Despite the wet weather this summer and an increase in breeding sites for mosquitoes, there has not been a human case of West Nile virus in Ohio this year. There are still a lot of mosquitoes, just very few that are infected with West Nile virus and those that are infected have not bitten any humans. At least, not yet.
Mosquito prevention has changed in recent years with a concentration on killing infected mosquitoes, instead of attempting to kill all mosquitoes. That approach has affected the pesticide spraying schedule for the Knox County Health Department.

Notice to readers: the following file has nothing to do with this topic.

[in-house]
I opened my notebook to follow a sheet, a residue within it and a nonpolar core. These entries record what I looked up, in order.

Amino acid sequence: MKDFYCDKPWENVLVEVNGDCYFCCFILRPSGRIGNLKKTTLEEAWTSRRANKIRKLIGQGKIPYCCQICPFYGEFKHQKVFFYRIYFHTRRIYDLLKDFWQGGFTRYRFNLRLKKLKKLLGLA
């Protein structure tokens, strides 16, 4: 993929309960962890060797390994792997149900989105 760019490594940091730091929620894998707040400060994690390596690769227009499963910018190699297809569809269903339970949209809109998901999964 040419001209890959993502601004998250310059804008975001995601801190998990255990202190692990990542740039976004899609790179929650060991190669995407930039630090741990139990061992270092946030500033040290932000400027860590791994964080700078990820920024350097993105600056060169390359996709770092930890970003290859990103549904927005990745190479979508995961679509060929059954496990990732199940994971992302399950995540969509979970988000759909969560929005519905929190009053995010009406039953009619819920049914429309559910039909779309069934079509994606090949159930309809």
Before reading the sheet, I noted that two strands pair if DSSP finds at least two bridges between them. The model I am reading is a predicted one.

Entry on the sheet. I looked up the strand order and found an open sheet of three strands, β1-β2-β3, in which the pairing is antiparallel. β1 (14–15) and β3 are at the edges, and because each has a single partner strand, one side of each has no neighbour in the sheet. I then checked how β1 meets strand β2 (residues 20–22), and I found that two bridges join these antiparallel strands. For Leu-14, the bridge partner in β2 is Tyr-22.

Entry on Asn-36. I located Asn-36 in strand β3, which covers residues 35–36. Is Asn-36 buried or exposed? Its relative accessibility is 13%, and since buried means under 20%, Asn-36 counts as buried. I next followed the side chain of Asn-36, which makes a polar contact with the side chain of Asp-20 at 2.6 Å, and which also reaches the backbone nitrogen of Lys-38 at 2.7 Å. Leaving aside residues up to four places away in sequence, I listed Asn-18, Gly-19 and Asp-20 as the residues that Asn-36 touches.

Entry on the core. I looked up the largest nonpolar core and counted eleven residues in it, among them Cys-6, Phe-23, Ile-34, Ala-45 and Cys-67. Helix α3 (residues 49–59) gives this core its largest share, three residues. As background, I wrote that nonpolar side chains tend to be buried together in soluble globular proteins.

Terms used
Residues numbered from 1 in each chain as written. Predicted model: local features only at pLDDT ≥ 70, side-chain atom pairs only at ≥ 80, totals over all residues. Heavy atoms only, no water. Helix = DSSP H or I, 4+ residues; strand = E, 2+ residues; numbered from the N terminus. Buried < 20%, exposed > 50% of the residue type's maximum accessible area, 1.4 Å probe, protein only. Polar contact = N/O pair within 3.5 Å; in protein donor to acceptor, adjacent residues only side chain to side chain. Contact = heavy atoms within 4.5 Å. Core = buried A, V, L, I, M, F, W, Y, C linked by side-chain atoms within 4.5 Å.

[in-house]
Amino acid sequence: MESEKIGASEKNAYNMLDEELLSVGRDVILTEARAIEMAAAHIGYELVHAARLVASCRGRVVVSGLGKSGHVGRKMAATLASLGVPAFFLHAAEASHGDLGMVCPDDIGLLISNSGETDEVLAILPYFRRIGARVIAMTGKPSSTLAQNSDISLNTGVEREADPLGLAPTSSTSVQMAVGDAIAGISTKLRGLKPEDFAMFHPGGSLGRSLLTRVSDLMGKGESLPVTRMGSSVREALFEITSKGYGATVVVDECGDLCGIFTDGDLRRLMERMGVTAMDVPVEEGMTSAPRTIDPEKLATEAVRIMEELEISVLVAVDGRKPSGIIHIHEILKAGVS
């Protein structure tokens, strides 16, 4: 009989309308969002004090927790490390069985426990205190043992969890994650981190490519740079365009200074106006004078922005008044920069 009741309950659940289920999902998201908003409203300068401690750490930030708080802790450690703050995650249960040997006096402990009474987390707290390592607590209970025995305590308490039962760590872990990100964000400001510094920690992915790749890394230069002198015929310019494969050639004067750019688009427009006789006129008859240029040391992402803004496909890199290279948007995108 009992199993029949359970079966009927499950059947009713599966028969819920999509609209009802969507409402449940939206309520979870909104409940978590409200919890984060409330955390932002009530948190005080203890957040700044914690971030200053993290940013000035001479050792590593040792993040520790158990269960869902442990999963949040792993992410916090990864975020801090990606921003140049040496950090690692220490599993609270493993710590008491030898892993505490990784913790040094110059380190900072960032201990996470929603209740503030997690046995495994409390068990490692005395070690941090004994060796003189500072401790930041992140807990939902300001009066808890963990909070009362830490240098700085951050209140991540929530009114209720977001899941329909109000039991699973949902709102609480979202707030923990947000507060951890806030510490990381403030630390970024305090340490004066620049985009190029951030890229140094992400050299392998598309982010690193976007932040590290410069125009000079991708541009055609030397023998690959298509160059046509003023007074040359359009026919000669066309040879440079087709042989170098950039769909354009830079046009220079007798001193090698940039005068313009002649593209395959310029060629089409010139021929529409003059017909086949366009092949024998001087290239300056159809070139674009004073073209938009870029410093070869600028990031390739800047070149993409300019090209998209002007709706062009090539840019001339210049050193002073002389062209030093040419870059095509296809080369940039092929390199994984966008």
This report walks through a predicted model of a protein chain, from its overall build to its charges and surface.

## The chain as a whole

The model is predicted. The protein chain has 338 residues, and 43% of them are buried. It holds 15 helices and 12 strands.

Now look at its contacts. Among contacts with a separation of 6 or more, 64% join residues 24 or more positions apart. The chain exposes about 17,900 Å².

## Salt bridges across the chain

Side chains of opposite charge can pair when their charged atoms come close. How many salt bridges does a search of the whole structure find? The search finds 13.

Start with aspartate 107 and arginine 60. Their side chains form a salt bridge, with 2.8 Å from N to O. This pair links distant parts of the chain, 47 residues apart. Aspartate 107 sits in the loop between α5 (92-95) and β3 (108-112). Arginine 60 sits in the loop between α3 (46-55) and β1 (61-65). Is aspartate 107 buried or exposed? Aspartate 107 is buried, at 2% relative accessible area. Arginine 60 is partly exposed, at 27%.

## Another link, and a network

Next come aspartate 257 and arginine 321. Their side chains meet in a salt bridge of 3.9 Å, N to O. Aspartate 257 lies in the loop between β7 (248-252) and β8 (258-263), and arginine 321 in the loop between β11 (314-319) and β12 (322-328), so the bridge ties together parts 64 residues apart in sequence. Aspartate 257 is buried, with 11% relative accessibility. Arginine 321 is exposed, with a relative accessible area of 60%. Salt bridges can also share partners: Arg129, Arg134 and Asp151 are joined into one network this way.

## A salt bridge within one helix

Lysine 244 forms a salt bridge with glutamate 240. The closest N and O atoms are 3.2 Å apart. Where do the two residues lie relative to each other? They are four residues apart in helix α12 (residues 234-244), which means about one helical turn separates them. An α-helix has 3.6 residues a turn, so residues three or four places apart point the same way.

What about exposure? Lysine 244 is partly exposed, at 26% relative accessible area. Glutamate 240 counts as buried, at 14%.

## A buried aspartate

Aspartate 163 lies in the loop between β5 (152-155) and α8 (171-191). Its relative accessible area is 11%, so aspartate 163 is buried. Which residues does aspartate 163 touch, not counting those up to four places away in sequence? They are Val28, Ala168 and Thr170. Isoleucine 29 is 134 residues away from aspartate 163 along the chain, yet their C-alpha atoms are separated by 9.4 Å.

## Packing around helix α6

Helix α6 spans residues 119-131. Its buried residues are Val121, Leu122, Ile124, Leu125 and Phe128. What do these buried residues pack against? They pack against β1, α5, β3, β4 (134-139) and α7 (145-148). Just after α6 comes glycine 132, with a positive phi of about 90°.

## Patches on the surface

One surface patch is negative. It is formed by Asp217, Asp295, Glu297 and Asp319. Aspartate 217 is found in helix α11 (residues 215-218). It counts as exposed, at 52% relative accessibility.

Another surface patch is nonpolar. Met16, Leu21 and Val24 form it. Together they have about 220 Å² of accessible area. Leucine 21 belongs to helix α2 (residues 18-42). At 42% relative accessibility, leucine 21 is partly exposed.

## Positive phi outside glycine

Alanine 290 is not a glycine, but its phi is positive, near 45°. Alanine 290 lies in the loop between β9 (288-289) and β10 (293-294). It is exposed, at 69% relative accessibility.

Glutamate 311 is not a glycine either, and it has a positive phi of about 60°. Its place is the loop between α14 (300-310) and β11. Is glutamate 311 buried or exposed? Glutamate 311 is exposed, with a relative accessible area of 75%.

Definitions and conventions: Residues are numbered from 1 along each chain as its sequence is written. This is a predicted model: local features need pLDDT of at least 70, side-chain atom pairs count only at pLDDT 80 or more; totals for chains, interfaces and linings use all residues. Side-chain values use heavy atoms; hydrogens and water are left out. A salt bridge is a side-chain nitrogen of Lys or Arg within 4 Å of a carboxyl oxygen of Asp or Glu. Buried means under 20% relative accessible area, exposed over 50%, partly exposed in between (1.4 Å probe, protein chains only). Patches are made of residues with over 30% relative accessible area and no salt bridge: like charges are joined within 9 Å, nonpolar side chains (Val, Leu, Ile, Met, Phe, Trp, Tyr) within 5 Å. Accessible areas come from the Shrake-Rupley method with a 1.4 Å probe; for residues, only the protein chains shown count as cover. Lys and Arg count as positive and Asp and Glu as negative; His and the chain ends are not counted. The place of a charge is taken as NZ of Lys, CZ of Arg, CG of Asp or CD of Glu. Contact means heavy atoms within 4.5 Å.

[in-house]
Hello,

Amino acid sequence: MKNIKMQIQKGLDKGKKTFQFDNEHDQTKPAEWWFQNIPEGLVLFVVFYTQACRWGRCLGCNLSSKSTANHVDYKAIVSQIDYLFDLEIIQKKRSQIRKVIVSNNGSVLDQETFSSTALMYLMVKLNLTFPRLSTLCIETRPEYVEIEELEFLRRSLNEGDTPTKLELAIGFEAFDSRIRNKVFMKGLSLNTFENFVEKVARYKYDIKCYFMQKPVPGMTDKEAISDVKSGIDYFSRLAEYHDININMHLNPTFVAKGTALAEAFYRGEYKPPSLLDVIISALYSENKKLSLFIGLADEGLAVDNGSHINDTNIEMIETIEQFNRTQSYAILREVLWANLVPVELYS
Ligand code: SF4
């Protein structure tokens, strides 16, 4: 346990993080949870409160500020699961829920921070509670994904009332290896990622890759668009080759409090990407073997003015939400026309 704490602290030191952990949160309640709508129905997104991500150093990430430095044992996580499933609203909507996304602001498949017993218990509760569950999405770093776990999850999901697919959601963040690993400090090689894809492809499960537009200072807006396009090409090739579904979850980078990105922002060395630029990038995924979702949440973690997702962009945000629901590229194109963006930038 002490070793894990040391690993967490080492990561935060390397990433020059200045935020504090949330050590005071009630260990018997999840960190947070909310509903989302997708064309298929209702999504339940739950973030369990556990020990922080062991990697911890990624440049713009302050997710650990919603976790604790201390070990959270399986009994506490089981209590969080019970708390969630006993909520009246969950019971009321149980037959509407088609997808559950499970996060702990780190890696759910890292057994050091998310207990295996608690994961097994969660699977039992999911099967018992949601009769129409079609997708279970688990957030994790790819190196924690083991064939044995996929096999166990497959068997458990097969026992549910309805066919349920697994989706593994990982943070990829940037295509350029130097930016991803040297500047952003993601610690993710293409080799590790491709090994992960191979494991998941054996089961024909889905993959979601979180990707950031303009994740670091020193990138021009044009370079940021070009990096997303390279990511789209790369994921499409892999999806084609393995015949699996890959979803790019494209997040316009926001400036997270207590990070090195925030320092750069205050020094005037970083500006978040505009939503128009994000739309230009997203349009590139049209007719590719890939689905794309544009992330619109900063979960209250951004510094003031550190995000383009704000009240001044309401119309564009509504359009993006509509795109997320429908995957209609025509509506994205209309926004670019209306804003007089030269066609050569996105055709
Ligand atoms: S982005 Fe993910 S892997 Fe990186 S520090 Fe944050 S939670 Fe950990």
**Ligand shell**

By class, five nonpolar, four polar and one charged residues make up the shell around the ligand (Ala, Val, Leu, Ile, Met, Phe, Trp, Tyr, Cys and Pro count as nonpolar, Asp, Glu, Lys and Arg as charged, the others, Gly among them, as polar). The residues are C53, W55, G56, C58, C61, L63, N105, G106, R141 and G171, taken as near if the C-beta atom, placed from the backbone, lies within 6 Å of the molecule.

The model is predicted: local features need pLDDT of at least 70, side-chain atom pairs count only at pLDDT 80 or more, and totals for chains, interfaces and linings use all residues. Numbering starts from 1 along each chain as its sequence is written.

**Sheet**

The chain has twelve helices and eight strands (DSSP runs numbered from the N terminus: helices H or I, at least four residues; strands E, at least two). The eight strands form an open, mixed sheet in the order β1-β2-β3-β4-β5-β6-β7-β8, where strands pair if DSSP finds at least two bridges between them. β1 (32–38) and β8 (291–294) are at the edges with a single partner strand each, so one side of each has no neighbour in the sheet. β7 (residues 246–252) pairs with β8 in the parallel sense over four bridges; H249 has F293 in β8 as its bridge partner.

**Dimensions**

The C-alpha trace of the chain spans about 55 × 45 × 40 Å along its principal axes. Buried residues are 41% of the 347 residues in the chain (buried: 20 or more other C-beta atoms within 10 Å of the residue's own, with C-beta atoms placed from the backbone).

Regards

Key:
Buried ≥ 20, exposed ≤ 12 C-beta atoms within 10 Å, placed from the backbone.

“We are no longer just spraying to spray,” said Environmental Health Director Nate Overholt, RS. “The focus of the spraying is not to keep mosquitoes from biting you. It’s to kill infected mosquitoes before they get a chance to bite you.” The agency is also providing larvacide to treat areas of standing water. Health department staff have been distributing larvacide dunks to township officials for use in public areas like ditches along roads. Local residents can also pick up the dunks at the health department for use on their property. (read more)
Mayre Newcomb, an intern with the Knox County Health Department adds liquid to a Gravid Trap as part of the agency’s mosquito surveillance program.